The “Model 1803” was produced in a new armory, the second in the young country, in Harpers Ferry, W.Va. – though at that time it was part of Virginia. The military order for this gun came in May of 1803, but it wasn’t until 1807 that the order of 4,000 rifles was finished. Outbreaks of malaria in Harpers Ferry in 1805-06 hurt available manpower. The production of Model 1803 lasted until 1819, with the actual date of production imprinted on the plate.
Since the Fawley’s flintlock was produced in 1810, it may have been used in the War of 1812, a war between our county and Great Britain that lasted nearly three years – to 1815 – and took place in nearby Lake Erie and Canada, among other sites. The Model 1803 was used successfully and so extensively by U.S. troops that another production order was issued in 1814. Later, the gun was used in the Mexican-American War – 1846 to 1848 – as well as in the Civil War, where almost any kind of gun was used by both sides.
This gun’s length also tells a story. It’s about 45 inches long, but the barrel is only 19½ inches, which means the wooden stock is 26 inches. Model 1803 had a barrel of 33 inches which, combined with a stock of 26 inches, would make the gun 59 inches long – or almost five feet. In the second run of this model in 1814, the metal barrel was lengthened to 36 inches for more accuracy. This gun’s stock is also longer than the typical Model 1803. Try holding a gun that long and controlling it. So, the question is: Did the Army make a shorter gun as an experiment? Or did someone shorten the barrel years later to make it easier to load and fire? We’ll never know – unless a military gun historian has the answer.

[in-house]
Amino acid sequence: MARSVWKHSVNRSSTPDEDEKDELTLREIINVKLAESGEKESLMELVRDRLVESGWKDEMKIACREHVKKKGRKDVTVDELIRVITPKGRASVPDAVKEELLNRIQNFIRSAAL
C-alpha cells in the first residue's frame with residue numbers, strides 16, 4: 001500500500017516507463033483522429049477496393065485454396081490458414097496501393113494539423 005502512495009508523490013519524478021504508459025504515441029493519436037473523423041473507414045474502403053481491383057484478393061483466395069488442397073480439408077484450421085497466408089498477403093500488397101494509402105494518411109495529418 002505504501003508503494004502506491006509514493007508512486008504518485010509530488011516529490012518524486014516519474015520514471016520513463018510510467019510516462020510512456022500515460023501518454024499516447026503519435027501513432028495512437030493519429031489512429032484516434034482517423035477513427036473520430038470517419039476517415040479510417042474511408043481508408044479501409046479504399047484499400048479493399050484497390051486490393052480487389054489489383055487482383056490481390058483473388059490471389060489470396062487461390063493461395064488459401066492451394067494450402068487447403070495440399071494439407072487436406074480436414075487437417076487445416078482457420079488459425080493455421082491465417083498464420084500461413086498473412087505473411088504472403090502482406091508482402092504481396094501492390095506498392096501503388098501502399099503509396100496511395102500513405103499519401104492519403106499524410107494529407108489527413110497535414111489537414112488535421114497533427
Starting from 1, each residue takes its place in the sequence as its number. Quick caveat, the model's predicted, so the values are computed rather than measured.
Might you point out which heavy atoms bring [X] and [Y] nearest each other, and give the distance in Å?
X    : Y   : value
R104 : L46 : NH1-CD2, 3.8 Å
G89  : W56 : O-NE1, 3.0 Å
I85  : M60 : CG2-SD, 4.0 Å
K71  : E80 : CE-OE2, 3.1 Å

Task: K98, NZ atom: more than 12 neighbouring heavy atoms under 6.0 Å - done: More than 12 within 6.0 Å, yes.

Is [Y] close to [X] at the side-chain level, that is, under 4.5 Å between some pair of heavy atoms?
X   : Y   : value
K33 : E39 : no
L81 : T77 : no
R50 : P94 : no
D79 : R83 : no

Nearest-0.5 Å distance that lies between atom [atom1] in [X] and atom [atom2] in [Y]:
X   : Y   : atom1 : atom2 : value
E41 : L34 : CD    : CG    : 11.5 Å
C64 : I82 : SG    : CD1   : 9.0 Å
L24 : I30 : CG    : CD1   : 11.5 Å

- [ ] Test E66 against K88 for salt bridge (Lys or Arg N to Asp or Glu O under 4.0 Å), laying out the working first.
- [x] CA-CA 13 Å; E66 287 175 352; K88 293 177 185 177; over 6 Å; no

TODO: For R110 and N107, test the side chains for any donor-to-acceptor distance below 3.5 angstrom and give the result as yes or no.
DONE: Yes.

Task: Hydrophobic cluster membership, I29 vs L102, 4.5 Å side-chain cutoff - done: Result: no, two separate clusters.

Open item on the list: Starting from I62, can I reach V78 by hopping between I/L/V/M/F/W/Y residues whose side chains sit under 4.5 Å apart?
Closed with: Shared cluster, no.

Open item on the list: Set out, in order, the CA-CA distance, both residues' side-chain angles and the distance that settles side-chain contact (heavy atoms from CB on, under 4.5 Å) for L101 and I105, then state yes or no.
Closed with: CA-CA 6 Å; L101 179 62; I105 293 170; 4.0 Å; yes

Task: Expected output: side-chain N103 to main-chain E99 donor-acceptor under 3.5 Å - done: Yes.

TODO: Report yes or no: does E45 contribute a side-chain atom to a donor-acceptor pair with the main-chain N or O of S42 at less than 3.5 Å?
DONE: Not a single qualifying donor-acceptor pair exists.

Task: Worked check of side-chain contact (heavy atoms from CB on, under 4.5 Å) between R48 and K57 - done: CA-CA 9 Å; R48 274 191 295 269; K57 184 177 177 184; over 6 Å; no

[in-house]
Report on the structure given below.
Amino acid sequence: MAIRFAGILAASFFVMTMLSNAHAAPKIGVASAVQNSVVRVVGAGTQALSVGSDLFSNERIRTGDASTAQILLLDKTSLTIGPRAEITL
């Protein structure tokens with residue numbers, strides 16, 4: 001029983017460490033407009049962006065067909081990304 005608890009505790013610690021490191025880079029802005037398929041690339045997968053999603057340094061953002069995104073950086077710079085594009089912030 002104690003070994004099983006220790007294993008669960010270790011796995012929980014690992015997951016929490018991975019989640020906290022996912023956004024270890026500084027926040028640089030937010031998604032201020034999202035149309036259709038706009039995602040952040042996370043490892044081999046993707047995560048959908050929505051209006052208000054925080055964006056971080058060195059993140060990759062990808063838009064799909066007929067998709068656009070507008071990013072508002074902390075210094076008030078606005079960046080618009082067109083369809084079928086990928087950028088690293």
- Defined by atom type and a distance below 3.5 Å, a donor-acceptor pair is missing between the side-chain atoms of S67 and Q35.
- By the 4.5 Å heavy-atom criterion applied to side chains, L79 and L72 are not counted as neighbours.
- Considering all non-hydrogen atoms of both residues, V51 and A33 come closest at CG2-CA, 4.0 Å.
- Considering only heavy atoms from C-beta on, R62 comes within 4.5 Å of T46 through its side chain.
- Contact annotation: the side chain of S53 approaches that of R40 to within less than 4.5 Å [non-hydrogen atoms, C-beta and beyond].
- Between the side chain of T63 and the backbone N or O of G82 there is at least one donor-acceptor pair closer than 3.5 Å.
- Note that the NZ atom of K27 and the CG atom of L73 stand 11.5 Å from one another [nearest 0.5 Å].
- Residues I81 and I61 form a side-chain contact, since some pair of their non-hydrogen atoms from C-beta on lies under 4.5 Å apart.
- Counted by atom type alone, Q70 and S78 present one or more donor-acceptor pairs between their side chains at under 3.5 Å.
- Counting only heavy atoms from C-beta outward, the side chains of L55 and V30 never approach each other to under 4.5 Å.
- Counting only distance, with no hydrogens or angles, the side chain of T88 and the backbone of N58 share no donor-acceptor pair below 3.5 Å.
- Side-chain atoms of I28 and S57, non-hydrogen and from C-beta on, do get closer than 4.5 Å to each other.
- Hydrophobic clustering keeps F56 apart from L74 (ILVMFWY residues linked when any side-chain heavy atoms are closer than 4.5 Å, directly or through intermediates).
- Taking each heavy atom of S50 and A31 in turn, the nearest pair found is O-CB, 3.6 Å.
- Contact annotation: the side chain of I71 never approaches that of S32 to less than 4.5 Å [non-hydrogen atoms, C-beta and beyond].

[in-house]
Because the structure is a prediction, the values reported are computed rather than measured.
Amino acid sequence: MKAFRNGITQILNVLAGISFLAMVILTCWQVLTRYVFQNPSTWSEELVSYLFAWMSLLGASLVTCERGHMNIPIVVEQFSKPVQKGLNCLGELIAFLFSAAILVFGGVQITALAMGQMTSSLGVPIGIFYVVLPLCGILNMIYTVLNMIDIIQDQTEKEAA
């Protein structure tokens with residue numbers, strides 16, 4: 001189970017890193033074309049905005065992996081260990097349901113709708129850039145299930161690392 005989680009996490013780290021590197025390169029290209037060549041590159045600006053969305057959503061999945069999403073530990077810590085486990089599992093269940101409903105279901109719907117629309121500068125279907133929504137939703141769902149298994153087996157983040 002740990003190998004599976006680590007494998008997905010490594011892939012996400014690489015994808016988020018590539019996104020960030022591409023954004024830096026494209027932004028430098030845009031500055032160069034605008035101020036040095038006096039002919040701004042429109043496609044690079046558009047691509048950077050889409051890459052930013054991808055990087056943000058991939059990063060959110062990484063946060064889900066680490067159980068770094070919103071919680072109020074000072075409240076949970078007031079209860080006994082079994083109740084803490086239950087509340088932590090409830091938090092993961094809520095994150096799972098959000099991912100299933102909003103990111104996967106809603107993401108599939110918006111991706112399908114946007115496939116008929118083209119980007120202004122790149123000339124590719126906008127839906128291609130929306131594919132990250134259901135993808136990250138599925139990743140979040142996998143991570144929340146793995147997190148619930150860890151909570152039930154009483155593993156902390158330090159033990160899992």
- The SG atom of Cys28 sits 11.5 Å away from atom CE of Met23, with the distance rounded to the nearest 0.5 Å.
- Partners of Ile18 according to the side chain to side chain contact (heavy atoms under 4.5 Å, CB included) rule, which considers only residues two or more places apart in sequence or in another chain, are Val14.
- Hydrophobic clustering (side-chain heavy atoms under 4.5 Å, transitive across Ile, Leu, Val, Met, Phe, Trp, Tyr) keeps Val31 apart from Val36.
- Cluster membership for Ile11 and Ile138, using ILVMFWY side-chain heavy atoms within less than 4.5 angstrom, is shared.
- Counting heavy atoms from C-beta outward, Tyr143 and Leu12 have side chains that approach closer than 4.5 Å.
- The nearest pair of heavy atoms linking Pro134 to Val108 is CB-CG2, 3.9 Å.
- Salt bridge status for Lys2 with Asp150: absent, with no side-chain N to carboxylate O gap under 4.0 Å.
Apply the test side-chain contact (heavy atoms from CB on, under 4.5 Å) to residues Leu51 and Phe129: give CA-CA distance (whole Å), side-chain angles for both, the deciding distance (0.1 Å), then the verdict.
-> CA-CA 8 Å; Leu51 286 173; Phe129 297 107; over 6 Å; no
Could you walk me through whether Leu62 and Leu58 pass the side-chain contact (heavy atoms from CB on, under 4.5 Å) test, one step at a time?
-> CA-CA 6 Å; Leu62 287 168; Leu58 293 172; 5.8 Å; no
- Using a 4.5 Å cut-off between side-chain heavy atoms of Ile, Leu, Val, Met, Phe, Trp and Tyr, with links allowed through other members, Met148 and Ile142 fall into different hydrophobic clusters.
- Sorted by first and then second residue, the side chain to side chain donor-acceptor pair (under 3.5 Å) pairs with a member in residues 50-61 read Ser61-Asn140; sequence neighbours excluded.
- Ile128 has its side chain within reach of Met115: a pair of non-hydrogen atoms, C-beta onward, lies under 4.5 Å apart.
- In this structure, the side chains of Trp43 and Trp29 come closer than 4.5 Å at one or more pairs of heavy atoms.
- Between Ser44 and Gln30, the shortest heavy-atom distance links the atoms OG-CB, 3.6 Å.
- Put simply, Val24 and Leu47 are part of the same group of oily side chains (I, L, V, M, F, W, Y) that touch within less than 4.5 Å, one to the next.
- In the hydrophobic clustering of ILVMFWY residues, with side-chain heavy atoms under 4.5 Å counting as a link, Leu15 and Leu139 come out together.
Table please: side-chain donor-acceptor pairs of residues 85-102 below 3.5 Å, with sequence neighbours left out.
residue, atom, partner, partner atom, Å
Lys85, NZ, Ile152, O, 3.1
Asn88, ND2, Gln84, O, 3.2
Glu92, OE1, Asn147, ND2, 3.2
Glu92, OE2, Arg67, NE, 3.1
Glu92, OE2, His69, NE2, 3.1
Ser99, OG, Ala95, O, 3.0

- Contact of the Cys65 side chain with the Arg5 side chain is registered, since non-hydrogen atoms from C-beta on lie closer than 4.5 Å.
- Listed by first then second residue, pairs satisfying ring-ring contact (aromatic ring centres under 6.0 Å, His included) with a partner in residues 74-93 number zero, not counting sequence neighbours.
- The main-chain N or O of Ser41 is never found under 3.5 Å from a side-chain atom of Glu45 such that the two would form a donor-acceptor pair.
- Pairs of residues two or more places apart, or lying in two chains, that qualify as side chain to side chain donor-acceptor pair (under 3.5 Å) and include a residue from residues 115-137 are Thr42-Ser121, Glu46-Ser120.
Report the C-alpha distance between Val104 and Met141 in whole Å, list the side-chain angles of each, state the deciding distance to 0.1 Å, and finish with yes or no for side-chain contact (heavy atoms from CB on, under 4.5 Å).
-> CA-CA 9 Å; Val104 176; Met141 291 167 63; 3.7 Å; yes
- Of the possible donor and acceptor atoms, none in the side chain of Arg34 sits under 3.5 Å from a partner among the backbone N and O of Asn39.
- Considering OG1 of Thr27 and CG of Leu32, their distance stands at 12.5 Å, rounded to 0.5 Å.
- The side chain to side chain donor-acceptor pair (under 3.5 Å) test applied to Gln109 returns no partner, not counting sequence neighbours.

Jean also told me that her late husband was a descendant of the Vance family that owned the farm as early as 1840 – as a deed attests – and perhaps earlier. So, the family ownership of this farm goes back six generations. My next stop was to see the barn and her son, Kevin, who lives with his wife, Heidi, in the farmhouse adjacent to it.
After leaving Jean’s, I found the Fawley’s farm on Concord Road, not far from New Market. Kevin, another Millennial enthusiastic about Highland County’s history, showed me a photo taken on Aug. 30, 1897, of John’s – Jean’s late husband’s – great-grandfather, David Ellison, plowing with two white horses. Next to him is Effie Jane, his wife, and posing on top of the horses, are two children.
Kevin told me that he became interested in history when he bought a metal detector and began to find “stuff” with it. Old bottles, war buttons, coins. Remember that old log cabin where the flintlock was found? Kevin found a large copper U.S. cent near the cabin’s foundation. The U.S. first minted this coin in 1793 and kept producing them up to a few years before the Civil War. In those days a penny was worth something.
We then went into the barn. “We better watch out for the foxes,” Kevin warned. He explained that a family of the critters lives under the barn and every spring a litter emerges from a hole in the back. But we didn’t see any that day. What I did see amazed me: large, ancient logs, hand-hewn, and probably dating well before 1840. These were old, old timbers. As with other barns in this county, the early builders knew their trade, which the barn’s longevity testifies to, 200 years later. Here’s to hoping that the Fawley-Vance legacy will last many more decades.
Robert Kroeger is a former Cincinnati area dentist who has since ran in and organized marathons, took up the painting skills he first picked up from his commercial artist father, become a published author, and is a certified personal trainer that started the LifeNuts vitality program. Visit his website at http://barnart.weebly.com/paintings.html.